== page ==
Enceladus: An Active Ice World in the Saturn System

@article{Spencer2013EnceladusAA,
  title={Enceladus: An Active Ice World in the Saturn System},
  author={John R. Spencer and Francis Nimmo},
  journal={Annual Review of Earth and Planetary Sciences},
  year={2013},
  volume={41},
  pages={693-717}
}
  • J. Spencer, F. Nimmo
  • Published 3 June 2013
  • Geology, Physics
  • Annual Review of Earth and Planetary Sciences
Enceladus, one of the mid-sized icy moons of Saturn, has an importance to planetary science far greater than its modest 504-km diameter would suggest. Intensive exploration of Enceladus by the Cassini Saturn orbiter has revealed that it is the only known icy world in the solar system with ongoing deep-seated geological activity. Active tectonic fractures at Enceladus's south pole, dubbed “tiger stripes,” warmed by internal tidally generated heat, spew supersonic jets of water vapor, other gases… 
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Solving the puzzle of Enceladus’s active south pole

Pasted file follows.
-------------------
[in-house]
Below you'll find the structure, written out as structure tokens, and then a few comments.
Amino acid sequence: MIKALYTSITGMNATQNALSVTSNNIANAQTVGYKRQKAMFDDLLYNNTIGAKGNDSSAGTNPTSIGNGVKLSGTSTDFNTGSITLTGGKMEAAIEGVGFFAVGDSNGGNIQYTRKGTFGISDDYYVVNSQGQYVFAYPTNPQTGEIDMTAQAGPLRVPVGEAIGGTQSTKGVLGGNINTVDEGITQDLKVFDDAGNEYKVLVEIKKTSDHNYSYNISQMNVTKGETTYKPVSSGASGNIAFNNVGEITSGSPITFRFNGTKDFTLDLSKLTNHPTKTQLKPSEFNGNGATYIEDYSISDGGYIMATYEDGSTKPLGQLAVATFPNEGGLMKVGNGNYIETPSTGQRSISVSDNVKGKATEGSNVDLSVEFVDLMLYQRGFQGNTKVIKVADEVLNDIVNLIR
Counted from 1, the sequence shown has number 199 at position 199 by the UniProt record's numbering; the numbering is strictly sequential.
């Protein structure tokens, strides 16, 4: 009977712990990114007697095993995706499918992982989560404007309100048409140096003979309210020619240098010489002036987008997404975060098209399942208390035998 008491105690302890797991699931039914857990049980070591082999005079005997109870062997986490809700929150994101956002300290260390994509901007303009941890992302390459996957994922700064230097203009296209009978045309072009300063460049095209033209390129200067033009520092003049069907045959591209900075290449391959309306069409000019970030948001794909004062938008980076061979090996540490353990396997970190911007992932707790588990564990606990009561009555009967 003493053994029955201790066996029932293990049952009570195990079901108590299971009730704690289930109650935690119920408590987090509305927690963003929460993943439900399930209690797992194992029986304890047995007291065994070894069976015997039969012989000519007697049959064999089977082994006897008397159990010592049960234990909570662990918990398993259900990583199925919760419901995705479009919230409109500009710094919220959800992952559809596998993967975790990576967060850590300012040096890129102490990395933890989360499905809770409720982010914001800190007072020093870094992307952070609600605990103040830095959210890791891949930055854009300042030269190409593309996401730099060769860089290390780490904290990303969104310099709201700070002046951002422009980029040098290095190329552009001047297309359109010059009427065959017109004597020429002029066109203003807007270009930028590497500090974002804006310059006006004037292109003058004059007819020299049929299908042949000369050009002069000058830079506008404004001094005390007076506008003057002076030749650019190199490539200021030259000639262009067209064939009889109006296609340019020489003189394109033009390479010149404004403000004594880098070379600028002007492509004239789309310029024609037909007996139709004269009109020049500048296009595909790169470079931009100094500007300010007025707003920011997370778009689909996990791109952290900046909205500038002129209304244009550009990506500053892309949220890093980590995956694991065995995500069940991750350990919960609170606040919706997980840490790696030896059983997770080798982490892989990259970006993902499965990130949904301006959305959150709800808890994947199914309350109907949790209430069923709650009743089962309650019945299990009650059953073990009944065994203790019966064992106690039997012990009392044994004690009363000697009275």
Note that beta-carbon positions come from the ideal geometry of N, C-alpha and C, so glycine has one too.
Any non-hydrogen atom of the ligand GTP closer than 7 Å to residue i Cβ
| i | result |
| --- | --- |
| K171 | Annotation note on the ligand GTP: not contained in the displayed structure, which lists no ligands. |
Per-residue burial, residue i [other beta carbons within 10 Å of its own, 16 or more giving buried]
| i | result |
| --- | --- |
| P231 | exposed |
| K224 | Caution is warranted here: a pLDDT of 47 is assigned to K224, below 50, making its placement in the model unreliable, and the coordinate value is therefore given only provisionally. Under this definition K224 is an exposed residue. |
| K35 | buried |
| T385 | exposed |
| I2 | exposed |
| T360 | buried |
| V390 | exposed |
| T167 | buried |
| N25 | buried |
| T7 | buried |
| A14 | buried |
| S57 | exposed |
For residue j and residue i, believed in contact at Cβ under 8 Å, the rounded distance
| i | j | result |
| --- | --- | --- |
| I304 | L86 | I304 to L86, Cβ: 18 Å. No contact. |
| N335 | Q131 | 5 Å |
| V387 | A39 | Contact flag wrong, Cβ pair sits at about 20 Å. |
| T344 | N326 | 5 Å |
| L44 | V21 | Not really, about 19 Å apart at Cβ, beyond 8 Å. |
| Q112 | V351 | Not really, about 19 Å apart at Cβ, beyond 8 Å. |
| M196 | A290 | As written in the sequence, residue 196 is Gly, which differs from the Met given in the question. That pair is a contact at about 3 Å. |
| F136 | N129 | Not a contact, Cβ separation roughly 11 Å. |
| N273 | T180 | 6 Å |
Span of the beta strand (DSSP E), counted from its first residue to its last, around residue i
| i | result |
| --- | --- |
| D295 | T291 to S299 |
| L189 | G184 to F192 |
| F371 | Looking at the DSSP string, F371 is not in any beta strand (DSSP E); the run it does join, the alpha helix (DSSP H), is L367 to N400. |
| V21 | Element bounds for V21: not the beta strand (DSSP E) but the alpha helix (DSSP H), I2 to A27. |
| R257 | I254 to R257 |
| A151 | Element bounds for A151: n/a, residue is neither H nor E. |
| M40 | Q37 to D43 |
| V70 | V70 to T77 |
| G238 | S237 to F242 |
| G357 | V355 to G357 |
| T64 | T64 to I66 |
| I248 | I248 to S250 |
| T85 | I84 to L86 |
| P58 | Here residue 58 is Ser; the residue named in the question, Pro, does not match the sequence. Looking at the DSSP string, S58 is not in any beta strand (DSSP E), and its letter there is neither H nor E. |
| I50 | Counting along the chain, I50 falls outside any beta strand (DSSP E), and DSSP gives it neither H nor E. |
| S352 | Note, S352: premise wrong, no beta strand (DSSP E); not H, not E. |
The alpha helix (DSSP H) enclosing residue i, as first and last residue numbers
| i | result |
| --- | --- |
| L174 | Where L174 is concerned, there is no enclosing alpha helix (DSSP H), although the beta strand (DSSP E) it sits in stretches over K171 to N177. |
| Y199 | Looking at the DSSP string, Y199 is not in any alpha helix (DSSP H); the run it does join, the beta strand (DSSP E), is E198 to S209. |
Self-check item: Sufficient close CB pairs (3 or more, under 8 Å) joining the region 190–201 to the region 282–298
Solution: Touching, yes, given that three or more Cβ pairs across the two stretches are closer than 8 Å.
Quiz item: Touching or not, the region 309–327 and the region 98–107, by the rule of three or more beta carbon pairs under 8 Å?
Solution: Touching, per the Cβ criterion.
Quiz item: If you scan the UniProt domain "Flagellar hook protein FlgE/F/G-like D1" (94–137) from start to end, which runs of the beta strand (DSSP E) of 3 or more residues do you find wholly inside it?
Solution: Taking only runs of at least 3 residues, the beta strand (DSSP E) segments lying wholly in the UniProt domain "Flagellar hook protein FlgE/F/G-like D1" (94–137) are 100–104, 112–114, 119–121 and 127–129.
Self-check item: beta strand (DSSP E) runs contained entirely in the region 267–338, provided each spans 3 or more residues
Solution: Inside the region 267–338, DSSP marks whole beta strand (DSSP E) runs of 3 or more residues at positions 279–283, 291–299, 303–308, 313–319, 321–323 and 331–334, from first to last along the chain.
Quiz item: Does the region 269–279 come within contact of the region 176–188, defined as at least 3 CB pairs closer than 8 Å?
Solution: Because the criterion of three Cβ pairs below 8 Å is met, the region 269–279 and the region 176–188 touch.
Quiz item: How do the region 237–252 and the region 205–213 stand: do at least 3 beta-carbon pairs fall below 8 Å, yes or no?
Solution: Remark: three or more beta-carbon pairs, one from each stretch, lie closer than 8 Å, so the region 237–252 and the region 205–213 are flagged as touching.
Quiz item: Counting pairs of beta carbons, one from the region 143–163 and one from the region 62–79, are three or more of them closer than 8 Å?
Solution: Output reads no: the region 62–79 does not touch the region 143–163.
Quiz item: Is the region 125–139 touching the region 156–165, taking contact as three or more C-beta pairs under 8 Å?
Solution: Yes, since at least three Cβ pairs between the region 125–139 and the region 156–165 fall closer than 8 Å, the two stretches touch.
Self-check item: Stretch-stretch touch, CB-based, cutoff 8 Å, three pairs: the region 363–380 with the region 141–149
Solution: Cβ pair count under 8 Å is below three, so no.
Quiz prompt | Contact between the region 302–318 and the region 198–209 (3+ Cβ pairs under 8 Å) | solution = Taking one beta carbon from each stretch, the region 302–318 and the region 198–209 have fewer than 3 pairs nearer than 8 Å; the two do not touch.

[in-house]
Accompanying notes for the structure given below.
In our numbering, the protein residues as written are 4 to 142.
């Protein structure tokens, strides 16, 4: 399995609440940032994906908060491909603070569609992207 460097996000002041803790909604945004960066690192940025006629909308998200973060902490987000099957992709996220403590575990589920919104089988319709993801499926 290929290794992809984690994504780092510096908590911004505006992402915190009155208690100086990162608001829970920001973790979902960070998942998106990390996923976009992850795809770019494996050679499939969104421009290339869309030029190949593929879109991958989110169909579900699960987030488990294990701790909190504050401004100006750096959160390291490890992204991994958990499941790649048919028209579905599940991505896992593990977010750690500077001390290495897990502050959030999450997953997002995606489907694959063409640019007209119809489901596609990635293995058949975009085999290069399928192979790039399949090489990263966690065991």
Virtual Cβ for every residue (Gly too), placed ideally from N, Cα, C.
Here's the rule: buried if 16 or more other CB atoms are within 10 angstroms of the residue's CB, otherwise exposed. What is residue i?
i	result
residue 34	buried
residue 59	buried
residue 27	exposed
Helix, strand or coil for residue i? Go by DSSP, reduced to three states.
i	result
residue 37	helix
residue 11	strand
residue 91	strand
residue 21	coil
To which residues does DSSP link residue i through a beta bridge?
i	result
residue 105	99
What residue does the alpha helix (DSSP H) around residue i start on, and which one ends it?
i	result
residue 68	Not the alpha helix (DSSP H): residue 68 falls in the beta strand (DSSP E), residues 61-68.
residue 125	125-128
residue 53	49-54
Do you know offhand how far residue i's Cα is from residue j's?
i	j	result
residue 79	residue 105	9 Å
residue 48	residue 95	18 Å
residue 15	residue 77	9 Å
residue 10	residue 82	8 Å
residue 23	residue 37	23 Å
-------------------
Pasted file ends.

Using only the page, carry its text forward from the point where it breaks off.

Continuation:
• F. Nimmo
  • Physics, Geology
    Proceedings of the National Academy of Sciences
  • 2020
TLDR
In PNAS, Kang and Flierl provide a possible answer: Localization of activity can arise spontaneously via a feedback process in the ice shell of Saturn’s moon Enceladus.
Timing of water plume eruptions on Enceladus explained by interior viscosity structure
Water plume eruptions on Saturn’s icy moon Enceladus are delayed relative to the peak tidal stresses. Simulations suggest the delay can be explained by the moon’s interior structure and the presence
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TLDR
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Observations of Enceladus by the Cassini spacecraft indicate that this tiny Saturnian moon is geologically active, with plumes of water vapor and ice particles erupting from its southern polar
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Enceladus is one of the most remarkable satellites in the solar system, as revealed by Cassini's detection of active plumes erupting from warm fractures near its south pole. This discovery makes
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TLDR
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TLDR
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TLDR
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TLDR
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